Pickup Tests

Thanks to the following companies for providing pickups for these recordings

B-Band Gryphon Stringed Instruments K&K Sound Dazzo Acoustic Pickups
Shoreline Acoustic Music Pickup The World Schatten Design Miniflex

This page contains recorded samples of different acoustic guitar pickups. I recorded each pickup directly into a digital recorder so you can hear what the pickup itself sounds like. Except for those tracks that are specifically labeled, no EQ or processing was applied. All of these pickups can sound dramatically better with some EQ (feel free to download the files and experiment yourself) and always almost sound better through an amplifier than when heard directly.

I was inspired to create these tests by people asking about pickups for home recording. Most people will agree that pickups cannot compete with a microphone for serious recording. At the same time, many people would like to use pickups for home recording, as a convenience, a way to avoid the need for a good sounding room, expensive microphones, isolation from noises, and so on.

You may be able to extrapolate some information from these tests about how various pickups will act in a live performance setting, but be very careful about drawing conclusions. Your guitar, technique, choice of amplification, volume level, type of music, etc, will have a major impact, and these factors often matter more than the pickup. Pickups also interact with your guitar and amplifier in live performance in a way that these tests cannot capture. But perhaps these samples can be helpful when you are starting to choose a pickup. You can even download them and play them through your own amplifier, which may take you a step closer to the performance sound, tho it is still not the same.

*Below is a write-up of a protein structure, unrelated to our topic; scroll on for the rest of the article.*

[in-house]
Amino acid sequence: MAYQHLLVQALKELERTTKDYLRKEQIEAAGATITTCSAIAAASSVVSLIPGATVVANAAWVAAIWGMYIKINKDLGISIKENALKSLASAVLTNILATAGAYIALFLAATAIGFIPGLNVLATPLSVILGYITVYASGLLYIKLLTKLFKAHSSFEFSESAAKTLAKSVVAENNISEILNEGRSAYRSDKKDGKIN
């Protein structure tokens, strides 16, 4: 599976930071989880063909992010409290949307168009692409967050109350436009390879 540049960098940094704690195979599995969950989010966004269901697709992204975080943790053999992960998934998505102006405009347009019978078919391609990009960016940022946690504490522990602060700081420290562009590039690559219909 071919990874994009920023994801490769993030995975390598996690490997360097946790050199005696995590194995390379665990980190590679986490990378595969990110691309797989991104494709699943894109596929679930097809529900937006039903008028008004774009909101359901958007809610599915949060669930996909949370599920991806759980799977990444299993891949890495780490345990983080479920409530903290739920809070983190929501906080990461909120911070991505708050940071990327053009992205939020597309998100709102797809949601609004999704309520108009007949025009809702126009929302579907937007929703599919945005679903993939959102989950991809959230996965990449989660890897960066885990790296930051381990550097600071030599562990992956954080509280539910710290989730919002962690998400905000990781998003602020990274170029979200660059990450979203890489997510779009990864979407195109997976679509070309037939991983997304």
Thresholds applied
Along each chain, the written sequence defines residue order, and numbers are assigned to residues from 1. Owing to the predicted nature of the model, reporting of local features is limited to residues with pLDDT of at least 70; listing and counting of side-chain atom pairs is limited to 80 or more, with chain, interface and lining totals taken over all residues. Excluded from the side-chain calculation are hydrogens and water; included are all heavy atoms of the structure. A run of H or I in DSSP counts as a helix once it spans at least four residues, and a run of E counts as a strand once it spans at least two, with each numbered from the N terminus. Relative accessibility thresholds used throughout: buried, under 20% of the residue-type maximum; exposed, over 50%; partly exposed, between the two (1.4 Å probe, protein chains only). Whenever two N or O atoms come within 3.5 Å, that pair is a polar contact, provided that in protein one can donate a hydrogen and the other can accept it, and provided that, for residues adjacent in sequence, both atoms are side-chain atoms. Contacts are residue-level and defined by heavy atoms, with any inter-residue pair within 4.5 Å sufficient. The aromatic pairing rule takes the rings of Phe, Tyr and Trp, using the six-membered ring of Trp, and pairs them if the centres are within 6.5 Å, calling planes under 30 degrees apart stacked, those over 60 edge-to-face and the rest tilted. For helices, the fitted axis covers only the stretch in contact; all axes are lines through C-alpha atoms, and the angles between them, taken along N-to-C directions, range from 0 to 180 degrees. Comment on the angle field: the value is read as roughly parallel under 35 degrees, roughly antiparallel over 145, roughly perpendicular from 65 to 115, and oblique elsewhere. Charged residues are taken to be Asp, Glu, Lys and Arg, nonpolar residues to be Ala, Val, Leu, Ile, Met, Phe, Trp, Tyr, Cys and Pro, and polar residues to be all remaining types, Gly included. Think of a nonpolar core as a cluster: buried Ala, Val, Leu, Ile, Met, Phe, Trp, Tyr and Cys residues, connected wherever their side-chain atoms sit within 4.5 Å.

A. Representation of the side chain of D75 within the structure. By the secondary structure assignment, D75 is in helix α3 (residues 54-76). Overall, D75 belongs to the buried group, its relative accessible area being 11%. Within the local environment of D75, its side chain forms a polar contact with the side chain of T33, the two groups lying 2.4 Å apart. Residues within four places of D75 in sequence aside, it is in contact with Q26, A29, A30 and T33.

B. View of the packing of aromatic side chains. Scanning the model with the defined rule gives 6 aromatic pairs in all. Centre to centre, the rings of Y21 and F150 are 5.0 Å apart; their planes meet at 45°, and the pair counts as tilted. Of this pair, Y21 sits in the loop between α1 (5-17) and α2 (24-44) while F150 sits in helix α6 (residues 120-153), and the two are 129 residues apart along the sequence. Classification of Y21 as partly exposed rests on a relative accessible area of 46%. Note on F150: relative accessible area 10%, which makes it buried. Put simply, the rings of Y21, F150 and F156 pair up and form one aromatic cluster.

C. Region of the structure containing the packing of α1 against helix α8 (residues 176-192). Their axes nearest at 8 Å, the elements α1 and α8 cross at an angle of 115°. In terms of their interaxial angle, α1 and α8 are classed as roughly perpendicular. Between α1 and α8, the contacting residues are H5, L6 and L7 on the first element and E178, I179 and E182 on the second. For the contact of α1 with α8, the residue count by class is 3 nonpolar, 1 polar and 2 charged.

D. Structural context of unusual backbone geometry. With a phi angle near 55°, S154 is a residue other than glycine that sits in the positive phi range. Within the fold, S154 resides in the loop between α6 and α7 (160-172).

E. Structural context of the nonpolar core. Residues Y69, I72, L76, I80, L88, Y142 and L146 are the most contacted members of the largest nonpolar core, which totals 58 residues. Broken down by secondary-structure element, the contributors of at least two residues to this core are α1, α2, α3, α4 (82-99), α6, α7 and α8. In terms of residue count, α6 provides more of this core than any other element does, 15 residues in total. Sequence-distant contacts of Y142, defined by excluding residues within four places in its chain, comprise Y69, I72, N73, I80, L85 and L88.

About the Tests

Each sample consists of the same three short riffs. The first is played fingerstyle, the second uses some slapping and tapping technqiues, and the last is strummed with a flatpick. These three samples can give you some idea of how each pickup responds (does it pick up the body taps well? Does it "quack" on the strumming?) Each sample also has the same guitar recorded at the same time with a reference studio microphone. This allows you to compare the sound of the pickup with the sound of the guitar, and also provides some clues about whether a difference between samples is due to the pickup, or because I played something differently. The mic track acts as a control.

For dual source pickups with stereo outputs, I recorded the guitar in stereo, with each of the pickup sources hard panned to each side. This gives an interesting (and exaggerated) stereo effect, but allows you to download the tracks and experiment with your own blending. For these guitars, I have also provided a mono blend, closer to what you would get through a mono live amplifier, and also the individual pickup left and right tracks.

Note: I hope this is obvious, but typical computer speakers are not the best way to audition these samples. To hear these samples correctly, listen over a good speaker system. But even then, you will not hear the same sound you would get through most guitar amplification systems.

The Tests ( 350 recordings, 121 tests, 78 pickups, 30 companies)

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Pickup TypeCompanyTestTrying to figure out amplification? Try
Acoustic Guitar Amplification Essentials
Immediate download, with video examples

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